It’s easy to think of the UK drenched in rain. However, with only 2,440m³ of water available per head of population, and a majority of people living in areas off just 600-800mm of rainfall per year, Britain suffers from an acute water shortage, and this is predicted to get worse. A rainwater harvesting system should be your first line of defence against water shortages, so let’s take a look at the future of rainwater harvesting.
What Is the Impact of Rainwater Harvesting?
Rainwater harvesting systems can currently reduce mains water consumption by 30%, and prototype systems are often developed with a view toward further reductions. With further population growth expected in the UK, especially in the South East, logic dictates that rainwater harvesting systems will become the norm for domestic and commercial users alike. This demand for systems will also increase if South East England experiences extended periods of decreased rainfall, as predicted by climate change analysts.
What Do Future Rainwater Harvesting Systems Need to Do?
The future dictates that rainwater harvesting systems will need to be easy to retrofit, make use of water-storage space, eliminate the need for fossil fuel-driven pumping technology, offer protection against flooding, and be reliable. Business models for the en-masse provision of systems could include system leases and maintenance contracts, while a paradigm shift for consumers can be provided through authoritative Government leadership.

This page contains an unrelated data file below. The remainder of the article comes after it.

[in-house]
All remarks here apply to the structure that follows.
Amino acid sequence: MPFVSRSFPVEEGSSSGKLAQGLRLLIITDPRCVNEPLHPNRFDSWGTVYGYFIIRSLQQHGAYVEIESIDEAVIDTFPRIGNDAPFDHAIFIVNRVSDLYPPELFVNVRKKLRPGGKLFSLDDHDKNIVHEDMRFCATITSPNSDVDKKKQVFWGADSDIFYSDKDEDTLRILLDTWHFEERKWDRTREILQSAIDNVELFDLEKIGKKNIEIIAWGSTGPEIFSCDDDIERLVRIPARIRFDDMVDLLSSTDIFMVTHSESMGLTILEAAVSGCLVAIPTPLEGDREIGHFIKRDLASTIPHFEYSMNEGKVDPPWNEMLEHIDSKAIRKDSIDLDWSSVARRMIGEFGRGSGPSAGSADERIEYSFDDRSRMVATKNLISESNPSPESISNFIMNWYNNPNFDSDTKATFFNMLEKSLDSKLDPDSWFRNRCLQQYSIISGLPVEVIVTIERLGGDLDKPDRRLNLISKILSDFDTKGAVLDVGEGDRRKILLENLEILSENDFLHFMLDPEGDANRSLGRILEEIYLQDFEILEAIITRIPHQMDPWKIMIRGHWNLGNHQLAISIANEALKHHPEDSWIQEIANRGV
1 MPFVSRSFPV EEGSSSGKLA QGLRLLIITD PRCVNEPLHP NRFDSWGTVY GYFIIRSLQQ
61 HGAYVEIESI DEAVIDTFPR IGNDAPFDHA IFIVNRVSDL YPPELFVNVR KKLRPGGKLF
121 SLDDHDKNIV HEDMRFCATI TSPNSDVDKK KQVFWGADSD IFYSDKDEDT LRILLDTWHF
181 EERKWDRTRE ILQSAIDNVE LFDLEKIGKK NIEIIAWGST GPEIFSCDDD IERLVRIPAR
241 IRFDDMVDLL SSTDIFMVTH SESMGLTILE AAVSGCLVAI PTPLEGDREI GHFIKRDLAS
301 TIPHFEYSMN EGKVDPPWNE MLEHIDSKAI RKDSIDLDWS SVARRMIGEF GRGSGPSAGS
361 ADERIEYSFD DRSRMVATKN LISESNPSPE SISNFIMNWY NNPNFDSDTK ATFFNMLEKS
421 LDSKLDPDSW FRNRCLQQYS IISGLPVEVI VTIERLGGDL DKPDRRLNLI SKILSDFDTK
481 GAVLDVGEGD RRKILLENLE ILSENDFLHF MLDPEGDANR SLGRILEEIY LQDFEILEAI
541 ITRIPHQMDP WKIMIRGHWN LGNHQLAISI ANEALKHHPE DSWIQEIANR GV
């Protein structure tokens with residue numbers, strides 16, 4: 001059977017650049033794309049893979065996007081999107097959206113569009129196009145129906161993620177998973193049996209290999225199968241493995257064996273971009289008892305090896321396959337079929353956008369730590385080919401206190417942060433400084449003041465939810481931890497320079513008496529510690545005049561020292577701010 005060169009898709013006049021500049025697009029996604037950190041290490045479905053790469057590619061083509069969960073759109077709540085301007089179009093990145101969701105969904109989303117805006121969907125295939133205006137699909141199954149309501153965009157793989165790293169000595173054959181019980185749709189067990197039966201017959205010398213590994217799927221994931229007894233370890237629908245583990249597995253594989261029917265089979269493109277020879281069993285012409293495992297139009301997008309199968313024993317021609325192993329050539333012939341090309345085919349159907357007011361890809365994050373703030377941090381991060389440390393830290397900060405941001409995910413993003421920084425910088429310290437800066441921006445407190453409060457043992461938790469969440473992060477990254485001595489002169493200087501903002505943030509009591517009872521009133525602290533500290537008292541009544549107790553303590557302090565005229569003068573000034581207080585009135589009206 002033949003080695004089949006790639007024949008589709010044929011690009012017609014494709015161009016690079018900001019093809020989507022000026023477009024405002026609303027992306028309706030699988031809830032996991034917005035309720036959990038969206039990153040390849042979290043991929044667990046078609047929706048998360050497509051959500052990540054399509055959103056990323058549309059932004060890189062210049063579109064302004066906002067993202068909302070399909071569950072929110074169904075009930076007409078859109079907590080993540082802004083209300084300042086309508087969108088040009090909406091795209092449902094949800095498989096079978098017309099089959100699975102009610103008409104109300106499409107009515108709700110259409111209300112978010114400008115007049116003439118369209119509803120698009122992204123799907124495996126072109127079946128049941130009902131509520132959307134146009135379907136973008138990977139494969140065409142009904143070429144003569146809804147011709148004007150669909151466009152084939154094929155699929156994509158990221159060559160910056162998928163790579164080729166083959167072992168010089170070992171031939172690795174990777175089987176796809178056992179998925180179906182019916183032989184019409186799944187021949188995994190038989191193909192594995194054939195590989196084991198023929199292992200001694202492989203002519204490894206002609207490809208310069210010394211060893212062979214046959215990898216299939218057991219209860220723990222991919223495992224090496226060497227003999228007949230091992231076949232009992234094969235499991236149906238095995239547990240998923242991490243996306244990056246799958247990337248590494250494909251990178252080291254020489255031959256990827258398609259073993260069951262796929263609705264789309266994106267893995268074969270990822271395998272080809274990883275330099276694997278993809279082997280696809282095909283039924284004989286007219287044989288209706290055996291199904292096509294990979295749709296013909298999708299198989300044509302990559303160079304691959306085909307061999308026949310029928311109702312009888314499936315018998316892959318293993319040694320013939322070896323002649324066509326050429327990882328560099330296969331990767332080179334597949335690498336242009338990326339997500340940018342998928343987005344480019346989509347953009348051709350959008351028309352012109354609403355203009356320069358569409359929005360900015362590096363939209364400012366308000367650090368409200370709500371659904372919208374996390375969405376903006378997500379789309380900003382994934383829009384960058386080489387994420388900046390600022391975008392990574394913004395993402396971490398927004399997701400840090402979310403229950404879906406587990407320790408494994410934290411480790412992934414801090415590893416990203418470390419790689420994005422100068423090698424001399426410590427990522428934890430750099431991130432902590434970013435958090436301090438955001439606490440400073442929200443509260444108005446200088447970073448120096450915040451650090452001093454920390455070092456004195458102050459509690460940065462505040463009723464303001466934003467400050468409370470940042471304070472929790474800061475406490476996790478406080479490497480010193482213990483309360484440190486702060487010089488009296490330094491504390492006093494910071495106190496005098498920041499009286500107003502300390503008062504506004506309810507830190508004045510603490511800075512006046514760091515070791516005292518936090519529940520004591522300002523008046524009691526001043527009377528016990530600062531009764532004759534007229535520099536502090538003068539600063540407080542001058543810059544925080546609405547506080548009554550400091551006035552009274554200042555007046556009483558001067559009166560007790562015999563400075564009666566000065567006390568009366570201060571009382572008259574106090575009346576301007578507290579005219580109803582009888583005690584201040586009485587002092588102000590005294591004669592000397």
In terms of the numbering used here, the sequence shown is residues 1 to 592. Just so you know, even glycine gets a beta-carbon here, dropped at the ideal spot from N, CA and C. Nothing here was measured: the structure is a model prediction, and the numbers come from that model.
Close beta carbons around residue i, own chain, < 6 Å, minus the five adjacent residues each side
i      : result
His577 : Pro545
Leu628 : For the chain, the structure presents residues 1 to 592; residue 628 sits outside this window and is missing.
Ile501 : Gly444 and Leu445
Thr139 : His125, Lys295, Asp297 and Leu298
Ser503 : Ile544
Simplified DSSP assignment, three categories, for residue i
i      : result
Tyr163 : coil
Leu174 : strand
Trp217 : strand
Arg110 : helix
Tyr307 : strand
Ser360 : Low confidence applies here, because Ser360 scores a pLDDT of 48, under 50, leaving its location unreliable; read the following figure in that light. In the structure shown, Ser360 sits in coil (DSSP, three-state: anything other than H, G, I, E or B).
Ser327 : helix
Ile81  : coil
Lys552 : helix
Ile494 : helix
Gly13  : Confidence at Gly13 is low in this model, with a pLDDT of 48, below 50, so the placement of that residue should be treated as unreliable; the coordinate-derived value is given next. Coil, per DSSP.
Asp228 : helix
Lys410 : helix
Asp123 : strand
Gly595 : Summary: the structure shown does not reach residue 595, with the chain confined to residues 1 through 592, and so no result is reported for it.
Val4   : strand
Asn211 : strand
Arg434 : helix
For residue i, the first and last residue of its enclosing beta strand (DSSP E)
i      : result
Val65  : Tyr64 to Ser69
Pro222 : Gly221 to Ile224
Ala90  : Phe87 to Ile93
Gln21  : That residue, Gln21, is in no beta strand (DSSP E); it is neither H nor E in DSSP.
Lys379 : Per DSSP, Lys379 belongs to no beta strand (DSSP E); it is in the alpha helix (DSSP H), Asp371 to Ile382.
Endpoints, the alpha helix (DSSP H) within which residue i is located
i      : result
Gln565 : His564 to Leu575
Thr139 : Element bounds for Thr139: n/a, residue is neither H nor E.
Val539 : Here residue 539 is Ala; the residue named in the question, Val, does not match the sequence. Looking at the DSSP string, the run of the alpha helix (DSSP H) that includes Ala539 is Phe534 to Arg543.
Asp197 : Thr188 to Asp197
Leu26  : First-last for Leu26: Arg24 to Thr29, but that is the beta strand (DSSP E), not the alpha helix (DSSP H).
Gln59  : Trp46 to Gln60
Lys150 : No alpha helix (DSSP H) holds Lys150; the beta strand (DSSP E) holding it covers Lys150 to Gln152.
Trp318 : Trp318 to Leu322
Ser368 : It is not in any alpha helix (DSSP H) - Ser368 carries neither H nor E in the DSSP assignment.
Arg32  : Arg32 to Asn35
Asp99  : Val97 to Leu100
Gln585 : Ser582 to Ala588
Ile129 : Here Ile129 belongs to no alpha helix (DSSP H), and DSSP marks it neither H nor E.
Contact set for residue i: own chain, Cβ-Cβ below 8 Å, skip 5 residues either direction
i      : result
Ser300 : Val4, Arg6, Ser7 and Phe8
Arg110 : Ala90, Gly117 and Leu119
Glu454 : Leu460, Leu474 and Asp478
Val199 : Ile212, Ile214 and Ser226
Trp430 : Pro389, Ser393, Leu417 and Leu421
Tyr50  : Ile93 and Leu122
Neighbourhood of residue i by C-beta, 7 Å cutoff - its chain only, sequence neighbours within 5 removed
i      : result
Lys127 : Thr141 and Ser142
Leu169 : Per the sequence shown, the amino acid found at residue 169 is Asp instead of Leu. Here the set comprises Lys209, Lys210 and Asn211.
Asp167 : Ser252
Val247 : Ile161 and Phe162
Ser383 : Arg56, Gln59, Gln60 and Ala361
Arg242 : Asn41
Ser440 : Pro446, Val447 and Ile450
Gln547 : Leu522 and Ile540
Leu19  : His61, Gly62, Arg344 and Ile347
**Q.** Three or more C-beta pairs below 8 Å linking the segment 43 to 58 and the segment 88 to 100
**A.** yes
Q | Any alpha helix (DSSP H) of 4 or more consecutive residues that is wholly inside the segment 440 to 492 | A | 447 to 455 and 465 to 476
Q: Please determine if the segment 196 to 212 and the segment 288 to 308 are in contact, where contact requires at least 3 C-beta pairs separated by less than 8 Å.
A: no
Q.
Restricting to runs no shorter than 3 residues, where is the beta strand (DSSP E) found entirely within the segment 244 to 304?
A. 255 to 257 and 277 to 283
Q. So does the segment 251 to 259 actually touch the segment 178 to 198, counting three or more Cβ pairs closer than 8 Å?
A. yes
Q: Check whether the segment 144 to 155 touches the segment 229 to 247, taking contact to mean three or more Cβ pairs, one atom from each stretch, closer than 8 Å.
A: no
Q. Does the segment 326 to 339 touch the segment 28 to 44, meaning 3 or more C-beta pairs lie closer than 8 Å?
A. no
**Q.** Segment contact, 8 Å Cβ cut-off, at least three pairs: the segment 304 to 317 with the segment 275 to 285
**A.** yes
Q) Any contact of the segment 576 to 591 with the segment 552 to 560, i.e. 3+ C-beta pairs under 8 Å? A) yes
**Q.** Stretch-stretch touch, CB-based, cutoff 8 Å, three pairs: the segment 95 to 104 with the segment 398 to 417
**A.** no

Are There Any New System Ideas in the Works?
Many prototypes are being trialled that could pave the way for future rainwater harvesting. Modular, DIY systems that are reusable and recyclable are one example. There are also simple wall-mounted systems, and systems that collect rainwater runoff, part way down the roof, and deposit it in storage tanks hidden in the eaves. Many prototypes attempt to incorporate green spaces with water conservation through storage tanks that house a variety of plants.
Will Current Rainwater Harvesting Systems Work in the Future?
If you’re concerned that future rainwater harvesting systems will render current ones obsolete, there’s no need to worry. The current system of rainwater collection, filtration, extraction, and pumping is clean, green, energy-efficient, and easy to maintain. This automatically meets much of the criteria expected from future systems. Choosing a tank that has strong chemical resistance will future-proof your system significantly. Future savings are also guaranteed, as long as you choose a product listed on DEFRA’s water technology list.
While there are developments afoot in the field of rainwater harvesting, there are still systems that will meet the need for future demand. By all means, look at what the future has to offer, but don’t let that dissuade you from investing in a rainwater harvesting system now.